Health & Spirit

Further understanding sin and forgiveness

By Rabbi Marc Gellman, Tribune Content Agency on

Lots of comments on my answer to the short but perfect question, "Is there an unforgivable sin?"

B wrote:

Q: I read your recent article on unforgivable sin. I found it both thought-provoking and somewhat disturbing. If someone who committed murder approached you, and this individual was repentant and seeking redemption, what kind of pastoral advice would you offer? If I had commit murder and was told my sin was unforgivable, I would think this would lead me to a state of crushing despair.

Blessings to you on your media ministry. Continue to challenge us and make us think.

A: I would explain that I have no spiritual standing to forgive his sin against another person because I was not the victim. The murder victim also has no ability to forgive him because that person is now dead. That is why murder is truly unforgivable -- it destroys the only one who can forgive the sin on earth. What God does in Heaven with the souls of murderers we cannot know.

And then there was this poignant comment from J:

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Q: I look forward to your weekly column. The one today on unforgivable sin and forgiving sin hit home with me. What if you can never find it in your heart to forgive someone for deeply hurting you? Even after 42 years I still cannot forgive the woman responsible for breaking up my marriage. She married (my ex-husband) and 15 years later when she found he was cheating on her she felt the guilt, the pain and wrote me asking forgiveness. She had suddenly realized how much she had hurt me by starting the affair and how selfish it was when she continued to interfere with our reconciliation efforts which ultimately resulted in our divorce. I told her to ask God's forgiveness because I could never forgive her. I no longer have any hatred for her but feel only indifference. However, when I think of forgiving her I just can't do it, and I don't seem to regret not being able to do it.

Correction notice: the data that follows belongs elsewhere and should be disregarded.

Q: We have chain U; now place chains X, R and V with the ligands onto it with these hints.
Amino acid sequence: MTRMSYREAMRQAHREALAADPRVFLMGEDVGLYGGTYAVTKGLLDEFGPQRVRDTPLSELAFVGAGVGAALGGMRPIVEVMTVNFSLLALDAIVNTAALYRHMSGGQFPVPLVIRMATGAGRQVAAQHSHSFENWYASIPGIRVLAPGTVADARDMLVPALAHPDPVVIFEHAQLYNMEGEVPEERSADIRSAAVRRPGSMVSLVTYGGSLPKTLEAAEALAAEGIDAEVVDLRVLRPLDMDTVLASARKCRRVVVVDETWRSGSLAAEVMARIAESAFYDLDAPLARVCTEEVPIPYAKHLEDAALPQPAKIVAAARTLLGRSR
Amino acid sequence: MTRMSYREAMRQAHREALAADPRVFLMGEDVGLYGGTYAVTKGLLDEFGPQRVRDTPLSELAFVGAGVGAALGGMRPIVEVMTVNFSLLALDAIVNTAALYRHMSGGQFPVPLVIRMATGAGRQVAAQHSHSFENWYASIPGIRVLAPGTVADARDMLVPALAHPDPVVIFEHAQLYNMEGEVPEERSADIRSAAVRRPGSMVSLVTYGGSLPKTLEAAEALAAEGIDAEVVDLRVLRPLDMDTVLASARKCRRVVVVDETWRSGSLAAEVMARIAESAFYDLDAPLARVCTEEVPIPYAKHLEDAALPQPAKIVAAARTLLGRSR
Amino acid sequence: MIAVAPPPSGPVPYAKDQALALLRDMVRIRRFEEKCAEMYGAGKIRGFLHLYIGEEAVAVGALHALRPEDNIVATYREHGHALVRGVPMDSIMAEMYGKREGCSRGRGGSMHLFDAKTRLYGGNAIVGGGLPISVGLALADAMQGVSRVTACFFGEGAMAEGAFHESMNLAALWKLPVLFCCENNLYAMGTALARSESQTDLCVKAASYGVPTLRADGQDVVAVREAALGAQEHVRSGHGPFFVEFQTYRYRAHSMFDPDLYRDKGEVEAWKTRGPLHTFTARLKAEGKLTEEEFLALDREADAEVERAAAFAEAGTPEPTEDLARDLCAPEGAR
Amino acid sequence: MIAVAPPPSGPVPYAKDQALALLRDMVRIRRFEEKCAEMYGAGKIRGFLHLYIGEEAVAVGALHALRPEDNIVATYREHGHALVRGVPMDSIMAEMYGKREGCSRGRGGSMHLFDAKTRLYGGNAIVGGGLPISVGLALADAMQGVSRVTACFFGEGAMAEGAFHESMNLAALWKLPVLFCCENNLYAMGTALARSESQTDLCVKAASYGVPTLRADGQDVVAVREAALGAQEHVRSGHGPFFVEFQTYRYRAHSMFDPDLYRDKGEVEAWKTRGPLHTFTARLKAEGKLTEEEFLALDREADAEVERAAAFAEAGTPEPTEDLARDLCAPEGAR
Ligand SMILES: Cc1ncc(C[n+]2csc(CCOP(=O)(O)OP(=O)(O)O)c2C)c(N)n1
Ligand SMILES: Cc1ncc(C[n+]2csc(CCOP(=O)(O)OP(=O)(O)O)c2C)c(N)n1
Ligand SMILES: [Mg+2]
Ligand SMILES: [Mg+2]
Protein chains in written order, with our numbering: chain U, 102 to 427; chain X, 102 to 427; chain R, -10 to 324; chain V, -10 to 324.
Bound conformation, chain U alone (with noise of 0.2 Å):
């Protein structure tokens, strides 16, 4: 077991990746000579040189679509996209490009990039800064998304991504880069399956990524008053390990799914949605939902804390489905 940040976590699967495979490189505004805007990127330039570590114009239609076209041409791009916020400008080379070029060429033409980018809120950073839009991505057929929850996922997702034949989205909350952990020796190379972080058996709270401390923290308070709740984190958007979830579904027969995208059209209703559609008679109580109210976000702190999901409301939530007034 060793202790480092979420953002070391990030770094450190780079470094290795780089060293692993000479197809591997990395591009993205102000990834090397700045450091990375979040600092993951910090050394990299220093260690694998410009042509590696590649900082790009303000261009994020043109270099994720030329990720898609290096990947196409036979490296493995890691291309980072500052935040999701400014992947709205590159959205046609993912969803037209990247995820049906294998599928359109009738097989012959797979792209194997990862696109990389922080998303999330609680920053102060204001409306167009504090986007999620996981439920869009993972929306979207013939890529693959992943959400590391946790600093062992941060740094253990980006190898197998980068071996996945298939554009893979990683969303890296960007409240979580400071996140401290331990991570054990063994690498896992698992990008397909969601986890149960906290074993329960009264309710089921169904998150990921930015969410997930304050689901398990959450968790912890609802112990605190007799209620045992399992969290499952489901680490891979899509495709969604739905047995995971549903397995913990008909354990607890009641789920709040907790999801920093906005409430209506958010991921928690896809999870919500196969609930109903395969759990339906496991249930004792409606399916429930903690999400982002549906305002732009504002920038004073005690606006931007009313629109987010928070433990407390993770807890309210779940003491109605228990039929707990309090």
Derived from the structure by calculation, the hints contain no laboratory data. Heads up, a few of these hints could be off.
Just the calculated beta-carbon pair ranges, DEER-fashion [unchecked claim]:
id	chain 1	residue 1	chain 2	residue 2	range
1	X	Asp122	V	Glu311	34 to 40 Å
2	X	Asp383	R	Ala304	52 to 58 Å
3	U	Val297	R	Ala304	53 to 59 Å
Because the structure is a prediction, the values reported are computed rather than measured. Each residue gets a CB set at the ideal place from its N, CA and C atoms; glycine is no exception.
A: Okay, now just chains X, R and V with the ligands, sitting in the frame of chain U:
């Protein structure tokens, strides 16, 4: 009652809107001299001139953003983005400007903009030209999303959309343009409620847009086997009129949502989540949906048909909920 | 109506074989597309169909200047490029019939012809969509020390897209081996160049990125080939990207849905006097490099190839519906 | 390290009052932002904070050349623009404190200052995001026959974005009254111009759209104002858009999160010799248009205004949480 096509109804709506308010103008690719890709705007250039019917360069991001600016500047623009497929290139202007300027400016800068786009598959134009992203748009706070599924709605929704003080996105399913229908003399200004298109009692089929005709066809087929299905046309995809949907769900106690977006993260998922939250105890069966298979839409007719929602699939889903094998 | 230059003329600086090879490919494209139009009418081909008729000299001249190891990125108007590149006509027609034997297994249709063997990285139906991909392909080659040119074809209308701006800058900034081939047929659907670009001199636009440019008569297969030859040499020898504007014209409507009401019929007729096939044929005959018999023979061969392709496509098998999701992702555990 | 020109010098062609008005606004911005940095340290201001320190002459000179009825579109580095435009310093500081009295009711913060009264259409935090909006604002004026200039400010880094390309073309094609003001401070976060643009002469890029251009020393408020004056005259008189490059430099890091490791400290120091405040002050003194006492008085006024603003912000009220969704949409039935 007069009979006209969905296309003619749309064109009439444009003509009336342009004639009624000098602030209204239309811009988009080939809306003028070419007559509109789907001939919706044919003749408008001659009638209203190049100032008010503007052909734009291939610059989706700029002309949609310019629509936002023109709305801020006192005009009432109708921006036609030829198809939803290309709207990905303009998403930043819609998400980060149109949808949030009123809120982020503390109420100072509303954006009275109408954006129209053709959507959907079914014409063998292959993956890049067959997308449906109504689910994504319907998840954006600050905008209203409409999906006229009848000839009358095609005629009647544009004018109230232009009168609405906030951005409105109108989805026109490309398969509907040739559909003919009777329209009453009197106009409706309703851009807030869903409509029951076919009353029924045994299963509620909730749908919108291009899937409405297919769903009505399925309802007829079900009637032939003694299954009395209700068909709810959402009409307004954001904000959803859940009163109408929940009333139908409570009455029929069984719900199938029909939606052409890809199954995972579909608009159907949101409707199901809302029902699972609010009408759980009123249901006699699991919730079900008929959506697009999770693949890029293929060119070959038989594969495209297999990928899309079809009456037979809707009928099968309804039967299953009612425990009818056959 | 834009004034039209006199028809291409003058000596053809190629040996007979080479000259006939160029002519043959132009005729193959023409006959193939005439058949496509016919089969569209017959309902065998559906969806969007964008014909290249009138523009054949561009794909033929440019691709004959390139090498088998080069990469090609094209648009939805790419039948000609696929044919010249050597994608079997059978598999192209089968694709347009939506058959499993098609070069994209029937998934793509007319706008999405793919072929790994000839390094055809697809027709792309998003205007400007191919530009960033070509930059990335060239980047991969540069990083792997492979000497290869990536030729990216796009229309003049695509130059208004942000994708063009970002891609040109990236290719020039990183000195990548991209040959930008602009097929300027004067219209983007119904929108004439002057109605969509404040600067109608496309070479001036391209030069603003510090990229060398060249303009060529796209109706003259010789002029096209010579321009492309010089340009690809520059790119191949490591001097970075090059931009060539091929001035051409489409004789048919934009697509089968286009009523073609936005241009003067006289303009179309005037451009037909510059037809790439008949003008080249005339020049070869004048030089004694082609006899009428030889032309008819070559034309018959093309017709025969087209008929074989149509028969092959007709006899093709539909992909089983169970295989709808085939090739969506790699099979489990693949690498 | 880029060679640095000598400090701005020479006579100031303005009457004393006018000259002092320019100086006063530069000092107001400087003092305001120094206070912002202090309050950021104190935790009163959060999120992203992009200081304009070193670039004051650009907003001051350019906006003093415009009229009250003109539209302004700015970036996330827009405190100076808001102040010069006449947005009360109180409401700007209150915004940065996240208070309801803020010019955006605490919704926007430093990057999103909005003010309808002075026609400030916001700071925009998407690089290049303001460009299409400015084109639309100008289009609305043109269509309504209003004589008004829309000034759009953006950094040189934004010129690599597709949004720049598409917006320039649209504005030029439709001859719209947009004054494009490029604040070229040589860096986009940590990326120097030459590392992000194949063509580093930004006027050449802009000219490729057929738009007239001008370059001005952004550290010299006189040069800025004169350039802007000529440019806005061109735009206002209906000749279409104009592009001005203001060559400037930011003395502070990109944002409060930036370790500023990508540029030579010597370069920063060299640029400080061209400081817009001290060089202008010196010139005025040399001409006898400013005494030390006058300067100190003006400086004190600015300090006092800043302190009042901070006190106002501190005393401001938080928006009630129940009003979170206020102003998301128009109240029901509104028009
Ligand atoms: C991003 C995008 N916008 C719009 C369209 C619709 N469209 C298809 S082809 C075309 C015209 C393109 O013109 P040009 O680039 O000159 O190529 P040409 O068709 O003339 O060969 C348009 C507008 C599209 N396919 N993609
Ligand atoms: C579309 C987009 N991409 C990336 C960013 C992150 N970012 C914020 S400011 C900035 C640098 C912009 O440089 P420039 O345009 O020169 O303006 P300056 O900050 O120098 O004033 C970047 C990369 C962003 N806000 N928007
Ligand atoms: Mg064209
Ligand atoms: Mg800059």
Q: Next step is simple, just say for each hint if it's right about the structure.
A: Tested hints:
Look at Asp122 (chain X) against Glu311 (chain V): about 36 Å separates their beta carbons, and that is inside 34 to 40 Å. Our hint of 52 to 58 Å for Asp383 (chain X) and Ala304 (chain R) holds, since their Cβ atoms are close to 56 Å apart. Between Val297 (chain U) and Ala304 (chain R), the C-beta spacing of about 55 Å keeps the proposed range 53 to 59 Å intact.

A: I understand, dear J, that the depths of your pain and anger, which are real and completely justifiable, have prevented you from forgiving her. However, she did show you that you were married to an untrustworthy cad. Remember that she did not break up your marriage, they broke up your marriage. Both of them were responsible.

The Hebrew word for faith is emunah and it comes from the Hebrew root AMN which means trust and which forms the word Amen that Jews, Christians and Muslims say after every prayer. That word Amen really means, "We trust that what we just said is true." I wish those who write to me and proclaim loudly that their religious beliefs are true would learn from the word Amen and rather say that they trust that what they believe is true. Trusting is different from knowing. Trust is knowing mixed with modesty. We are talking about deep spiritual mysteries when we speak about religion and it is arrogant and embarrassing to make truth claims about our beliefs that cannot be proved. However, trust claims can be proved by our experiences in life. We trust God because we have experienced God's love. We trust God's commandments because we have experienced the deep joy and goodness that comes into our lives when we live by God's law. Faith is ultimately an act of trust.

And how does that relate to your broken marriage? Faith is ultimately a form of love. Faith is our love of God and our love of each other as creatures made in the image of God. That faith, like all forms of love, depends upon trust. You should not have trusted him. You should not have loved him because he is unworthy of your trust and love. Learning this is painful but important news and your ex-husband would have never taught you this truth about himself. That woman, whom you cannot forgive, helped to teach you the most important lesson of your life, and, after enduring her own betrayal at the hands of the same man who betrayed you, in shame and repentance she asked for your forgiveness. In her brokenness she reached out to you to help her heal from the same wounds that scarred you and you could not find it in your heart to forgive her and help her heal. Perhaps you might find it in your heart to reconsider your obduracy. To paraphrase a Hemingway passage: "Everyone is broken and some become stronger at the broken places." She is trying to become stronger just like you and for the same reasons. Help her, I pray you, to heal and to trust again and love again and believe again and like you become stronger at your broken places.

(Send ALL QUESTIONS AND COMMENTS to The God Squad via email at Rabbi Gellman is the author of several books, including "Religion for Dummies," co-written with Fr. Tom Hartman.)



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